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Ref Tips: Mechanics on Free Kicks
by Randy Vogt, March 17th, 2011 11:27PM

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TAGS:  referees, youth boys, youth girls

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By Randy Vogt

Generally, restarting play will not be challenging on free kicks when the ball is far from the goal. However, you will find certain forwards and midfielders deliberately walk by the ball after a foul is called against their team. They are trying to delay the other team restarting play. Do not let them do this -- verbally warn them that if they persist, they will be cautioned.

Should a player deliberately run up to a stationary ball, preventing a free kick from being taken, that player should be cautioned immediately for failing to respect the required distance when play is restarted with a free kick.

More challenging is restarting play when a free kick is in or near the defensive team’s penalty area. Opponents stand near the ball and prepare to set up a wall. The referee should ask the offensive player(s) by the ball if they want 10 yards. Should they say yes, the referee points to the whistle and says so everyone can hear, “Wait for my whistle.”

You as the referee then back up 10 paces (yards), always watching the ball to make certain that it is not moved. You then call the defensive wall to where you are.

Take your position as soon as possible, glance at the AR to make sure he or she is in the proper position and is not trying to communicate with you, then blow the whistle for the kick to be taken.

Players in the wall can jump up and down but cannot wildly gesticulate. A player doing the latter should be cautioned for unsporting behavior.

It’s always a bit of fun when the attacking team decides to put a player or two in the wall. Defenders do not like them there and pushing often occurs. Attackers sometimes try to back up into and/or push defenders to move the wall back further. Watch out for these actions.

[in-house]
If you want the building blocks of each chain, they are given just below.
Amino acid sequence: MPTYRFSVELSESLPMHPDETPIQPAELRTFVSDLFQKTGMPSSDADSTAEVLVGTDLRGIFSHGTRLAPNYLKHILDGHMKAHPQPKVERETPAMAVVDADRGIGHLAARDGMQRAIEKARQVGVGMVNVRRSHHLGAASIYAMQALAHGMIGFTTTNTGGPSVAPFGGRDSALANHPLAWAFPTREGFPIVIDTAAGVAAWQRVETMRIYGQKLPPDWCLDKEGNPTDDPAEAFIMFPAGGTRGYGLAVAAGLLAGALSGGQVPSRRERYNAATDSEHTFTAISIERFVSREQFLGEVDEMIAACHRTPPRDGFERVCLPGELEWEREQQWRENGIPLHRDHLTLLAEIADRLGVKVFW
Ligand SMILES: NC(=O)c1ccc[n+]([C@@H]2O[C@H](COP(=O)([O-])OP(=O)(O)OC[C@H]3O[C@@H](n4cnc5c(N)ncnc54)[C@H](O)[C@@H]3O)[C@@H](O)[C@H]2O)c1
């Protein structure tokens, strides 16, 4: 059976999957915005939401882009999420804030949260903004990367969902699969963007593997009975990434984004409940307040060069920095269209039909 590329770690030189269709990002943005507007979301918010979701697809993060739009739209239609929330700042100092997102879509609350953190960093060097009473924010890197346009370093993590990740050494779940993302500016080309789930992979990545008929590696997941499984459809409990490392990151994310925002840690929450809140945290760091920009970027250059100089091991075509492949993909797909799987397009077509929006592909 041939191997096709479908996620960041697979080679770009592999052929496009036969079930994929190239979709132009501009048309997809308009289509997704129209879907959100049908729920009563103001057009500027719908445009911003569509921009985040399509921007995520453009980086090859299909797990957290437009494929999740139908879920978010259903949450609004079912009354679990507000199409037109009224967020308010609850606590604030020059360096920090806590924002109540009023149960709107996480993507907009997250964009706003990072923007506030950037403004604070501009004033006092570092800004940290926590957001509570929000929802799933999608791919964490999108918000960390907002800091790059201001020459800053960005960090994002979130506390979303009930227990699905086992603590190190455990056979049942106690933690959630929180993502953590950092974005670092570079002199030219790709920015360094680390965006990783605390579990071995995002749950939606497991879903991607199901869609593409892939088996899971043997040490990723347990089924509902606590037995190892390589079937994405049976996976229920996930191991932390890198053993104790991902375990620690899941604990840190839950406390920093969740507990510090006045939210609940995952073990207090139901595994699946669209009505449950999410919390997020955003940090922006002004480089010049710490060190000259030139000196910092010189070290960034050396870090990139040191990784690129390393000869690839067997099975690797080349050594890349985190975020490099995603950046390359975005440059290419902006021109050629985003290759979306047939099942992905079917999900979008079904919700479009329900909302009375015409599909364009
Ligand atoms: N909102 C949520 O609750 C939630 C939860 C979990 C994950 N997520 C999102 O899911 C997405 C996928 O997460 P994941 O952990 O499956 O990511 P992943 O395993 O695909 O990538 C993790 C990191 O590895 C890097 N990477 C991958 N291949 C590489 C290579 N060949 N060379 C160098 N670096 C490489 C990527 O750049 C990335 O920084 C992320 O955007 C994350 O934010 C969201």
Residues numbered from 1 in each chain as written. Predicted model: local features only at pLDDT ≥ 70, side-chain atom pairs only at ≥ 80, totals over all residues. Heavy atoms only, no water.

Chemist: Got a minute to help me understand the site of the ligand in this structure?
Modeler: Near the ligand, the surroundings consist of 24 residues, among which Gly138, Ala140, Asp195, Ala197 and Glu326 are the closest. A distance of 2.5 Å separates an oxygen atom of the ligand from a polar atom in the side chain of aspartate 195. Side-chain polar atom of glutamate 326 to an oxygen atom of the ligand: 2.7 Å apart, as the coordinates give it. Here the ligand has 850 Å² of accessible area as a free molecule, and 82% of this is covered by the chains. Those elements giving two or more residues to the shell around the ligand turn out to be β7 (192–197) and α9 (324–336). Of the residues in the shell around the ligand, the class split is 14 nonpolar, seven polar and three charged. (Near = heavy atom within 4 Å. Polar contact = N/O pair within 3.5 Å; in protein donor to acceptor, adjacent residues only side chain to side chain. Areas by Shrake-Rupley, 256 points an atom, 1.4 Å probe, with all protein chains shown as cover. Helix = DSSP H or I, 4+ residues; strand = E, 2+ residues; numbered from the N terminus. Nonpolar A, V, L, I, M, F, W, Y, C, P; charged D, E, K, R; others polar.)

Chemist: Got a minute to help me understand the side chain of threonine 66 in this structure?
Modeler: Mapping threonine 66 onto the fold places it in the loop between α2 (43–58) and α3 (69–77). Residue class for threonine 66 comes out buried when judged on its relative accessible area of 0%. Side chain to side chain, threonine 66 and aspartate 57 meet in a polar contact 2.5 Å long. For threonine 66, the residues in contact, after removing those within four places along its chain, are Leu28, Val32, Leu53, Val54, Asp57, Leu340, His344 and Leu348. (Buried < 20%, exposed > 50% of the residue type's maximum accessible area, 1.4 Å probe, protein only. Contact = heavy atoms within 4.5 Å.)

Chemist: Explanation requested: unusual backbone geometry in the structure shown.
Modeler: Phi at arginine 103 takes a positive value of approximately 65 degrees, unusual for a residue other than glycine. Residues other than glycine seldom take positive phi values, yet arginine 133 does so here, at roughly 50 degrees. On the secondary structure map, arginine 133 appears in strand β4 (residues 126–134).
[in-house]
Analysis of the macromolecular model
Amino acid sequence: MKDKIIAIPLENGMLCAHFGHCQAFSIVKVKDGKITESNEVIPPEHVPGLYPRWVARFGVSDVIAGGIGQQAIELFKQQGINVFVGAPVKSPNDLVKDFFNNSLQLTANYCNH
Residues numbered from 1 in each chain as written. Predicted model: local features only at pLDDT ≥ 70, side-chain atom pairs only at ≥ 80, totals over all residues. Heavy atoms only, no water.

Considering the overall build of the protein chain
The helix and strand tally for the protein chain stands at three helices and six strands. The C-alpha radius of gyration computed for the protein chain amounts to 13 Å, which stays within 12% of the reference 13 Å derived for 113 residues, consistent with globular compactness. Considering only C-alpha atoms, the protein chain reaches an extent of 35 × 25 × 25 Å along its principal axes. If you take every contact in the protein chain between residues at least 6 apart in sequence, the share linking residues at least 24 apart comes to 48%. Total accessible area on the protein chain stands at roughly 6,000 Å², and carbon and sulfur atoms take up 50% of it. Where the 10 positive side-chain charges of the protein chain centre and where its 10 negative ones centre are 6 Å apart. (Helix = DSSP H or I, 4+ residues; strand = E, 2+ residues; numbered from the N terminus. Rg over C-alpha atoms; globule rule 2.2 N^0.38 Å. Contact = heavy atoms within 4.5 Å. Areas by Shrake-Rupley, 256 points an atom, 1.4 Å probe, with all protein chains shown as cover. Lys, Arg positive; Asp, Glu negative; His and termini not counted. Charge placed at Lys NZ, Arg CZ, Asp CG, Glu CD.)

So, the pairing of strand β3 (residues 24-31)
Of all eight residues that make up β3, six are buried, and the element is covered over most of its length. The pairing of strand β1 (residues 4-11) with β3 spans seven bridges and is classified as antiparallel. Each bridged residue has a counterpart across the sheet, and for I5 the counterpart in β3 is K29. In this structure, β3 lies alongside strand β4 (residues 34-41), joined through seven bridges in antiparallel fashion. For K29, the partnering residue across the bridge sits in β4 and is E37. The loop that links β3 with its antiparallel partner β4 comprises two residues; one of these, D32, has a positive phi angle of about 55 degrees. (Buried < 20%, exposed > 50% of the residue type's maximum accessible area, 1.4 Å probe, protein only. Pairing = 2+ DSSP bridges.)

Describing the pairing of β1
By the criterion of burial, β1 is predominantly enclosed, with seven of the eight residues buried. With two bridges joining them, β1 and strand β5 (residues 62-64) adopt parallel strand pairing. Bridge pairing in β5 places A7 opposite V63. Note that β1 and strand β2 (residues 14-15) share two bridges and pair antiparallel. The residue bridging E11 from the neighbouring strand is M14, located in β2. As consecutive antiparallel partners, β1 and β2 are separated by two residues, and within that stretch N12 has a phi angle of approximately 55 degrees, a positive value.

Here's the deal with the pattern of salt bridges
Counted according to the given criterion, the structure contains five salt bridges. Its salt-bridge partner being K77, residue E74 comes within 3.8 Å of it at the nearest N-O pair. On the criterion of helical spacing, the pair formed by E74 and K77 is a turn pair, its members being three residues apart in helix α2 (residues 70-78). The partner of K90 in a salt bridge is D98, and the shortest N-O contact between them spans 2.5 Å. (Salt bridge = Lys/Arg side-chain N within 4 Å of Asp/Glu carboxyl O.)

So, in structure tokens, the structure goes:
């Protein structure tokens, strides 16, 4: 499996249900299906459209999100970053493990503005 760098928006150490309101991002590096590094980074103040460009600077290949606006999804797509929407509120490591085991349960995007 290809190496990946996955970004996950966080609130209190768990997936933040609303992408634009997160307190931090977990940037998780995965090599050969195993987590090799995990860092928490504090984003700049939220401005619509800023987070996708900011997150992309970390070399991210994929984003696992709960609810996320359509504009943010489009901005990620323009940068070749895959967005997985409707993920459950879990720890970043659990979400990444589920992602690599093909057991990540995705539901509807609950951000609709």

Remember that if the ball was not kicked yet when a push, or worse a punch, occurs, you cannot call a foul but you should caution for unsporting behavior (deliberate push) or send-off for violent conduct (punch). Should this occur after the kick is taken and the ball is in play, feel free to call a foul plus a caution or send-off too.

Where Is the Free Kick Taken?

Except for fouls in the goal area, the proper restart position for a free kick is where the foul was committed. It does not have to be exactly on that same blade of grass (or turf).

The farther you are from the goal that would be attacked, the more leeway you could give the team when placing the ball. So if you called offside near the penalty area and the indirect kick is 80 yards from the goal that would be attacked, you can give a couple of yards of leeway to place the ball. Give less leeway for free kicks 20 yards from goal.

(Randy Vogt has officiated over 7,000 games during the past three decades, from professional matches in front of thousands to 6-year-olds being cheered on by very enthusiastic parents. In his book, Preventive Officiating, he shares his wisdom gleaned from thousands of games and hundreds of clinics to help referees not only survive but thrive on the soccer field. You can visit the book’s website at http://www.preventiveofficiating.com/)



0 comments
  1. Kent James
    commented on: March 18, 2011 at 2:52 p.m.
    Generally great advice. If only the professional refs would follow it. I find few things more frustrating than professional referees allowing players to delay a restart by standing in front of the ball, or worse, picking the ball up, or setting a wall two yards in front of the ball. Then the players are like "oh, you mean I have to be 10 yards away? Oh, I didn't know that, I guess I'll do that (now that I've delayed the game as I intended)." Not only does this hurt the game at the professional level, but kids see it and seem to think the defenders do not have to give 10 yards unless they're asked to do so. I wish the professional referees would set the right standard; interfere with the free kick (in any way), get a card. The behavior would stop pretty quickly, and we could get on with the game instead of having the farce that free kicks have become.

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